§ BARON HENRY DE WORMS
asked the Under Secretary of State for Foreign Affairs, Whether any Correspondence has taken place between Her Majesty's Government and the Government of the French Republic with regard to the French Expedition to Tunis; and, if so, whether he can give the house any information on the subject or lay the Papers upon the Table?
§ MR. MONTAGUE GUEST
asked the Under Secretary of State for Foreign Affairs, Whether the report published in the daily journals with regard to the bombardment of the Island of Tabarka by a French vessel of war, and the landing of French troops in Tunisian territory is true; whether any information on the subject has been received by Her Majesty's Government, and will be communicated to this House; if any measures have or will be taken for the protection of British interests in that Regency, and for the maintenance of the rights and privileges secured to British subjects in Tunis by treaties and conventions entered into between Great Britain and the Porte; whether Her Majesty's Government has yet received any official assurances from the French Government that the status quo, as established and guaranteed by such treaties and conventions, or by protocol, as regards the Regency of Tunis, will be maintained; and, whether any Correspondence has passed between Her Majesty's Government and that of Italy on the subject; and, if so, whether that also will be communicated to the House? The hon. Member supplemented his Question by stating that since he had put the Notice on the Paper he had seen in the daily journals that the Bey had issued a protest against the unwarrantable invasion of Tunisian territory by the French, and whether Her Majesty's Government had received that protest and intended to take any steps to urge on the French Government the maintenance of the status quo in that Regency?
§ SIR H. DRUMMOND WOLFF
asked the Under Secretary of State for Foreign Affairs, Whether Her Majesty's Government will interpose their good office to prevent, by mediation, or Interna- 1317 tional mediation, the outbreak of hostilities between France and Tunis?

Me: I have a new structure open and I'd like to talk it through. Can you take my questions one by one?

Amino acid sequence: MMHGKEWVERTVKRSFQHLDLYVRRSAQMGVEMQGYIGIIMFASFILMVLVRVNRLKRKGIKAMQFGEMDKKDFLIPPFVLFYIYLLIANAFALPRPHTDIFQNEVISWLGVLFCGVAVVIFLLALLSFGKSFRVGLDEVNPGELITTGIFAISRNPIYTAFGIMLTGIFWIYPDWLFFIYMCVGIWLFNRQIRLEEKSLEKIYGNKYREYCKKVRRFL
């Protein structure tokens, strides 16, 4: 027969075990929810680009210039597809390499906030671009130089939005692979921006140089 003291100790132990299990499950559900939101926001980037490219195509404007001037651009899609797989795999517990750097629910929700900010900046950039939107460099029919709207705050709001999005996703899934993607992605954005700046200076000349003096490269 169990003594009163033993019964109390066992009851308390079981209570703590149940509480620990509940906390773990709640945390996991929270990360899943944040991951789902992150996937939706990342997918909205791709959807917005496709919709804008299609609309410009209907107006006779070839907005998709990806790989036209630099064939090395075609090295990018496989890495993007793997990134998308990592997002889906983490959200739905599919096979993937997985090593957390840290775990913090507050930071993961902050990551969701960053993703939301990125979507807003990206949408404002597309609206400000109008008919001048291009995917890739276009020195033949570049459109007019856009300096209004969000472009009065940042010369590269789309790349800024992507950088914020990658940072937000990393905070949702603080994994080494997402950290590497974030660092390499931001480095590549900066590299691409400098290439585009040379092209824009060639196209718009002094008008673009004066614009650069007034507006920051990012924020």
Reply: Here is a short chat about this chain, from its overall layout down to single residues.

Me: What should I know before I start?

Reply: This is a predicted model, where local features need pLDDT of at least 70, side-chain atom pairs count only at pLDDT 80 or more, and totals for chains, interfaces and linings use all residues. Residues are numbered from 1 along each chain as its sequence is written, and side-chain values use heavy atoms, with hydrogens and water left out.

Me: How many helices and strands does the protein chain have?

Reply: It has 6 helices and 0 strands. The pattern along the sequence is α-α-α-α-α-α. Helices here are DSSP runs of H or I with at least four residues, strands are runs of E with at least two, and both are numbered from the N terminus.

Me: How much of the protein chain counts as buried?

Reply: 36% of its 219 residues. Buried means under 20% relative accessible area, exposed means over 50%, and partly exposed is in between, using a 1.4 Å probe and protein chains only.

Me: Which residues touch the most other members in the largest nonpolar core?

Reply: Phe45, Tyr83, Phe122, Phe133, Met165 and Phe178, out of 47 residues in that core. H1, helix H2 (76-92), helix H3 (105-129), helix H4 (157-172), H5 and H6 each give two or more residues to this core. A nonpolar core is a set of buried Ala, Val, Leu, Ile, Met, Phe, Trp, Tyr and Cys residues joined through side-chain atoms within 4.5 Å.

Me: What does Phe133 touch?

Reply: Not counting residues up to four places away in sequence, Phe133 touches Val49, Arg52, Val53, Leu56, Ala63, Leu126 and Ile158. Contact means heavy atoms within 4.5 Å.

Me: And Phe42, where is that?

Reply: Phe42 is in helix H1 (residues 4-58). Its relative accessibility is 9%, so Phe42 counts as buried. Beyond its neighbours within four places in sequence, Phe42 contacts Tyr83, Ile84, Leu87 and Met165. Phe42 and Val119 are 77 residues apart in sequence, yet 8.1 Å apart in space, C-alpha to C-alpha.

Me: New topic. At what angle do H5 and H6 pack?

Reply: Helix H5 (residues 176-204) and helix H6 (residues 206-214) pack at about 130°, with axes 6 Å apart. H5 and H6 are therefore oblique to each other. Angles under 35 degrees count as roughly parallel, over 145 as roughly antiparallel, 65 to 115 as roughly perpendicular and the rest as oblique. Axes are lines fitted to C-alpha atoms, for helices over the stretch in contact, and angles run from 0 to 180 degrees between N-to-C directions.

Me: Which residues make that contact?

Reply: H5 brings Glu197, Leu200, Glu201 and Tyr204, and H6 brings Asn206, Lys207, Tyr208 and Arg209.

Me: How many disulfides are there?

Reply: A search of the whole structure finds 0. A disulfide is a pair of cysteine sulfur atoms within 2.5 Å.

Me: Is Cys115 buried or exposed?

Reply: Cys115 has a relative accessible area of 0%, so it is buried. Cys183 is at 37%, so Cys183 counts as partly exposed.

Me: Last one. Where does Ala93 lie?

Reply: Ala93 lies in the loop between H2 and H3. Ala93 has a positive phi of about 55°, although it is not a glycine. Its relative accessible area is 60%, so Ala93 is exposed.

§ SIR CHARLES W. DILKE
Sir, no official information has been received of the bombardment of Tabarca; but Her Majesty's Government were informed on the 26th instant that the landing of French that, at the present moment, the interests troops was imminent. Her Majesty's Government have no reason to believe mentioned in the 3rd paragraph of the Question of the hon. Member for Wareham (Mr. Montague Guest) are threatened in Tunis; but a despatch boat has been sent to Goletta to keep up telegraphic communication with Europe in the event of its being interrupted, and a man-of-war is held in readiness at Malta to proceed to Tunis, if required, for the protection of British life and property. The French Government informed Lord. Lyons on the 9th instant that their military operations will be confined to the neighbourhood of the Frontier and to the punishment of the lawless Frontier Tribes. Communications have been exchanged with the Italian Ambassador on the subject of sending vessels of war for the protection of British and Italian interests; but nothing further has taken place on the general question of the present French expedition. As regards isolated mediation by this country only, Her Majesty's Government will consider it, if asked by both parties; but only in that event. As regards joint or International mediation, Her Majesty's Government have just received a communication from the Bey of Tunis, in which he appeals to the Great Powers signatories of the Treaty of Berlin to mediate between the French Government and himself. There has not been time yet for Her Majesty's Government to become acquainted with the views of the other Powers appealed to, nor, as at present informed, do they know whether the action of the French Forces is likely to extend beyond the measures necessary for carrying out the object of the expedition, which is understood to be the punishment of the Frontier Tribes.
MR. MAC IVER
asked if there were not 10,000 British subjects in Tunis, and what steps the Government thought it right to take for the protection of their interests?
§ SIR CHARLES W. DILKE
said, that he believed there were 8,000 British subjects, and a still larger number of Italian subjects, in Tunis, and the two 1318 Governments were in communication on the subject.